To become really successful, you will have to reunite with the part of the party you willingly jettisoned for Obama in 2008.  Make up with the working class voters of all educational backgrounds, the unions and women of all ages.  You might have to abandon the creative class arrogance and the knee jerk responses to anything that isn’t crunchy granola.  The good thing is that there are plenty of liberal values that you *can* agree on, especially when it comes to the economy.  Stick to them and you can win.  (I think Katiebird has four simple phrases that represent values that will work, where the heck are they…?)

The beast you have to starve is the party.  Yeah, they’ll still get their money from corporations but you can drop your money in a different pile.  And if other people do it and they tell two people and so on and so on, the pile of cash will get bigger and bigger and pretty soon, you can replace the rulemakers with people who vote for your interests and not some corporation’s.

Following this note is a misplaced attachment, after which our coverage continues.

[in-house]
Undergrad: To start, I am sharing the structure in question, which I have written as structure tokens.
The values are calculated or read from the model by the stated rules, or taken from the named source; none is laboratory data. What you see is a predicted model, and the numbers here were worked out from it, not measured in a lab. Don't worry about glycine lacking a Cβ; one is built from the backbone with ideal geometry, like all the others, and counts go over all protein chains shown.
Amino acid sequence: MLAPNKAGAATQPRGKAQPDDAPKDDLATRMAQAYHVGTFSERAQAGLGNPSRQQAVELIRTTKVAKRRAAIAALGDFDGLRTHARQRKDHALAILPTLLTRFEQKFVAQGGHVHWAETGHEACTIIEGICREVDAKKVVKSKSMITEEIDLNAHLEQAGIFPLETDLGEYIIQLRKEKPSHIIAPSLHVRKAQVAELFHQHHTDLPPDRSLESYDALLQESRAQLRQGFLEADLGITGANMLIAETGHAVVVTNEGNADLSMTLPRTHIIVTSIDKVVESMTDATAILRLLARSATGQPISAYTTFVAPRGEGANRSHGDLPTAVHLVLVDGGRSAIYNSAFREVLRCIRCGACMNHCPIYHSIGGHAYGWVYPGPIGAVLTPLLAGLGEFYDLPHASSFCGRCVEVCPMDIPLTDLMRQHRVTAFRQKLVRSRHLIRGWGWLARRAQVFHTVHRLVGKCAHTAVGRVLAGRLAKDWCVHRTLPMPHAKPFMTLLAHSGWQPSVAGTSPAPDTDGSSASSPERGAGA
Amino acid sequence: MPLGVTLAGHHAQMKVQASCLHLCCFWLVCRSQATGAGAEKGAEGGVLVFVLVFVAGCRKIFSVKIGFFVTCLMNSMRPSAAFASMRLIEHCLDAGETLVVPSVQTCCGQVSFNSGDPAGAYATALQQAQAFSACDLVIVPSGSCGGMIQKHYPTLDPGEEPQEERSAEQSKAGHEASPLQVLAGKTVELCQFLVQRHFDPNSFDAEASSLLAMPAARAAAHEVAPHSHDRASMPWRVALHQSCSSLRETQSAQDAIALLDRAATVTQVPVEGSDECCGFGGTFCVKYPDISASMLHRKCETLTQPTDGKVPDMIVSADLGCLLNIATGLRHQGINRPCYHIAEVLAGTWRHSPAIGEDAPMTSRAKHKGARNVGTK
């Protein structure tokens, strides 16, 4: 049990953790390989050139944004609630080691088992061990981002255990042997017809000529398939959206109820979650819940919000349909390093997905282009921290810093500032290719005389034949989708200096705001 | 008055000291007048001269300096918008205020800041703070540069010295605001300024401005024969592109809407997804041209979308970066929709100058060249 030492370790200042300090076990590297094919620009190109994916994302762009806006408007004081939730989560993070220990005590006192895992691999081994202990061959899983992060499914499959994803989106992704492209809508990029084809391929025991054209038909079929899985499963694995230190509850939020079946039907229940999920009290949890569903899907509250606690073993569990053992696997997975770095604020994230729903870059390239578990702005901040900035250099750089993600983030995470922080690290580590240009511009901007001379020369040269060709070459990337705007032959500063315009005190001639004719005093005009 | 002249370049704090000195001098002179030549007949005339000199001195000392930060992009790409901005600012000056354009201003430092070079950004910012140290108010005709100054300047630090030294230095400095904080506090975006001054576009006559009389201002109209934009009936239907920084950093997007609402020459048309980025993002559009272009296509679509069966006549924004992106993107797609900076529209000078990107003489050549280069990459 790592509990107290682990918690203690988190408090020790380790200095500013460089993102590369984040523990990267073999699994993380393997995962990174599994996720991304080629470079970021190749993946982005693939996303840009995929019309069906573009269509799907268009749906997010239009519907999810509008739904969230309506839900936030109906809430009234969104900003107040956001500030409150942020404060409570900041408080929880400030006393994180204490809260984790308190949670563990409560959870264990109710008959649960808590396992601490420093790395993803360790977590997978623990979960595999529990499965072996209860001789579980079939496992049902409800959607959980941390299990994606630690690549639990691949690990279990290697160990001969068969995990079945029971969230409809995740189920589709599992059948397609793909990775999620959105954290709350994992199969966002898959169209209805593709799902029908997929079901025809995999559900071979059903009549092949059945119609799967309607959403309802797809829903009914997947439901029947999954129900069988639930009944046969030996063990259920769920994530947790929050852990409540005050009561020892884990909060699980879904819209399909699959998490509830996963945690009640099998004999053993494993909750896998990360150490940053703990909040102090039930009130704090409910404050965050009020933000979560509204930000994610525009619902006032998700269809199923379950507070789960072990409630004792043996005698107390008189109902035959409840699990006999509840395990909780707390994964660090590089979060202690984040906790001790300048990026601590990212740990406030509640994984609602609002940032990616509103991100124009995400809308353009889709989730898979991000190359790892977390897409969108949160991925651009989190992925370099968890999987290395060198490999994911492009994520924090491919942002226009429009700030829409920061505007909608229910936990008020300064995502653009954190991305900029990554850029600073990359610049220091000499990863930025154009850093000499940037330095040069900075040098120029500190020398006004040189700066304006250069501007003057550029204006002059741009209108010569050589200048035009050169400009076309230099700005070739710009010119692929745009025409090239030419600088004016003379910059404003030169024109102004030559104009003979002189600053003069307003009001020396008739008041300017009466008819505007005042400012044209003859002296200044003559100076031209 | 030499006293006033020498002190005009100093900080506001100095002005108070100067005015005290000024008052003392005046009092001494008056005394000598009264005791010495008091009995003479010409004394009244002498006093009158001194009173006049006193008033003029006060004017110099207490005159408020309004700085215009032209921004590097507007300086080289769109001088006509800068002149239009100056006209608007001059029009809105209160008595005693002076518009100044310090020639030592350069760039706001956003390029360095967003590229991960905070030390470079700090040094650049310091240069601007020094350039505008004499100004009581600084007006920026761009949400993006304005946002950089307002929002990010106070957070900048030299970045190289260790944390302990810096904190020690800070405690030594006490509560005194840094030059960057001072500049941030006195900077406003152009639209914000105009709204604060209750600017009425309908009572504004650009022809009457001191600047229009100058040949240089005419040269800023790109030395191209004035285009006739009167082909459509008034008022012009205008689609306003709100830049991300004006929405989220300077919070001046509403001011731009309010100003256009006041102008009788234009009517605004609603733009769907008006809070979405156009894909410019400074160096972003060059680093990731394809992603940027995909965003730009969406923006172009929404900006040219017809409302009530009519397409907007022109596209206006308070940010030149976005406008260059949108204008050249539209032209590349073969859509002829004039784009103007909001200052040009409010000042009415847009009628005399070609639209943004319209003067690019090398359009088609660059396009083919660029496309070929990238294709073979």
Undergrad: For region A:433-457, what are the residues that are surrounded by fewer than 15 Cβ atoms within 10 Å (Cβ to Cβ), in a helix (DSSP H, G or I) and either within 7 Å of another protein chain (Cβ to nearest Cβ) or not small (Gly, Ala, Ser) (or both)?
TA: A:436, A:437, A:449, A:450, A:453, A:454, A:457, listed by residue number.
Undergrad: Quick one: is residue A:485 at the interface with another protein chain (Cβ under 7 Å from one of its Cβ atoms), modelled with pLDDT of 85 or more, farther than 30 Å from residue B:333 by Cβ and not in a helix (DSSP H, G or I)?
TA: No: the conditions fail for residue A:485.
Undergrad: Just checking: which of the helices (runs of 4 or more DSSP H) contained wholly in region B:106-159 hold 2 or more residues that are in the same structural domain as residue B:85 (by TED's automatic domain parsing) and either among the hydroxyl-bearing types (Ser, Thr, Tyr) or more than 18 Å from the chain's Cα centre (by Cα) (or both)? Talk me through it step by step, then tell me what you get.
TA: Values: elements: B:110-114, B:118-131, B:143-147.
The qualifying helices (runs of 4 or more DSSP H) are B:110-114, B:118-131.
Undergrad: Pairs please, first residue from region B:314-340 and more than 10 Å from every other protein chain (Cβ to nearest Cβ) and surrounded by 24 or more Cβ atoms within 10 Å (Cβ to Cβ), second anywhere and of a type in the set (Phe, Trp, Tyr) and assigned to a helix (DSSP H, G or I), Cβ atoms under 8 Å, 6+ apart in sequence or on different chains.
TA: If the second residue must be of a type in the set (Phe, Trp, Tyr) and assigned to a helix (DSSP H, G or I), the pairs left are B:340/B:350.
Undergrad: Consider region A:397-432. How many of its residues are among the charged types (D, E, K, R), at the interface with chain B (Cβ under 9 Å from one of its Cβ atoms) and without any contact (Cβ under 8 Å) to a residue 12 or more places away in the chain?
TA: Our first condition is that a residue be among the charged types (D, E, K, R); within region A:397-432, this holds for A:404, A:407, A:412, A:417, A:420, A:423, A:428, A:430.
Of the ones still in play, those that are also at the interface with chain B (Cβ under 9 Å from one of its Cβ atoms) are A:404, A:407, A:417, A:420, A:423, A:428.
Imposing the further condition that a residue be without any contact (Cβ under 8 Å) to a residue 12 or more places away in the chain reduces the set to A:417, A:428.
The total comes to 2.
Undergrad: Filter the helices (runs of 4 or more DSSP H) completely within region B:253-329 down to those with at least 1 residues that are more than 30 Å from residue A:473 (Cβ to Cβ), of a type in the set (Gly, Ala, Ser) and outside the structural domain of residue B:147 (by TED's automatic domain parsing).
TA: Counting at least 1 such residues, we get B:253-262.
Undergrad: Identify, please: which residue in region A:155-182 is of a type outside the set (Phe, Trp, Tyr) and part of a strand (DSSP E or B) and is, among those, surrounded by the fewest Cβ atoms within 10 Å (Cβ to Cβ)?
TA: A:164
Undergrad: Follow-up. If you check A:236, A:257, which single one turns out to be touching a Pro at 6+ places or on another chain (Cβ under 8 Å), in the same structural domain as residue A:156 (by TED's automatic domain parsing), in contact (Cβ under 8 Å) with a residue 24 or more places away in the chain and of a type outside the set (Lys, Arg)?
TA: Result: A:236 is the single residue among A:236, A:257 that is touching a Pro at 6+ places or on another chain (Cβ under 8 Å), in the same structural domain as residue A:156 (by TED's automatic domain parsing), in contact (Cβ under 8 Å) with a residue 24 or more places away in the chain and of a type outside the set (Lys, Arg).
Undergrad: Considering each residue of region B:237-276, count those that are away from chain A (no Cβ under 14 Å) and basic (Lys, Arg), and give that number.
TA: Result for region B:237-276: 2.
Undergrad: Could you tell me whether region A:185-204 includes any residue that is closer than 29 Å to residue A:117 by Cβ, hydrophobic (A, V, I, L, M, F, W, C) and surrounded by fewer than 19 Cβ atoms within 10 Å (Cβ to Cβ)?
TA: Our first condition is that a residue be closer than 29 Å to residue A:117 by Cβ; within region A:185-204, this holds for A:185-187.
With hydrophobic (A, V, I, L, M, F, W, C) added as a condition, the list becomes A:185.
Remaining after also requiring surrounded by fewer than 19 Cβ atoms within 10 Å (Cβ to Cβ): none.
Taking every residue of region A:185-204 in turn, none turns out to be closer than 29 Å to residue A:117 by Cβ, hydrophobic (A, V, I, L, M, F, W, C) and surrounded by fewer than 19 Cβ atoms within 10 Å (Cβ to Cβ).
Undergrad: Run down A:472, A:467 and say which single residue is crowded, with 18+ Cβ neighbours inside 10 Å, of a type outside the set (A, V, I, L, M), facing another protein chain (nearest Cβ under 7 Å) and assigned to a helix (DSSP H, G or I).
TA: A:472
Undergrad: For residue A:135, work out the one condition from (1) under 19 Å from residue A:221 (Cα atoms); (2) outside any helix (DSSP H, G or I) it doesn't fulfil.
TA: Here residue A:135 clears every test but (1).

The question is, do progressives have the balls to do it?  Because from what I can see, the problem is not a lack of cash, it’s a lack of courage.

*************************

Here is Katiebird’s 12 Word Platform:

1. Medicare For All.
2. End The Wars.
3. Tax The Rich.
4. Jobs for Everyone

That should do it.  Lather, Rinse, Repeat.

Make room for Melissa at the loser lunch table!

Melissa McEwan, the latest blogger to be slushied by the Obama machine

I saw this righteously indignant rant from Melissa M at Shakesville last night:

1. When I wrote passionate criticisms of a Republican administration and Republican Congressional majority who failed to champion LGBTQI equality, assailed women’s bodily autonomy, treated Roe as a suggestion, refused to disclose lobbyist visits to the White House, invoked the separation of powers to protect themselves, called for spending freezes on social programs, legitimized rightwing extremists, advocated for offshore drilling, pushed HSAs, escalated a war, thumbed their nose at due process, engaged in black ops, treated scientists with contempt, expanded the executive’s extrajudicial powers, demeaned liberal activists, and invoked state’s-secrets privilege for bullshit reasons, I was a principled progressive.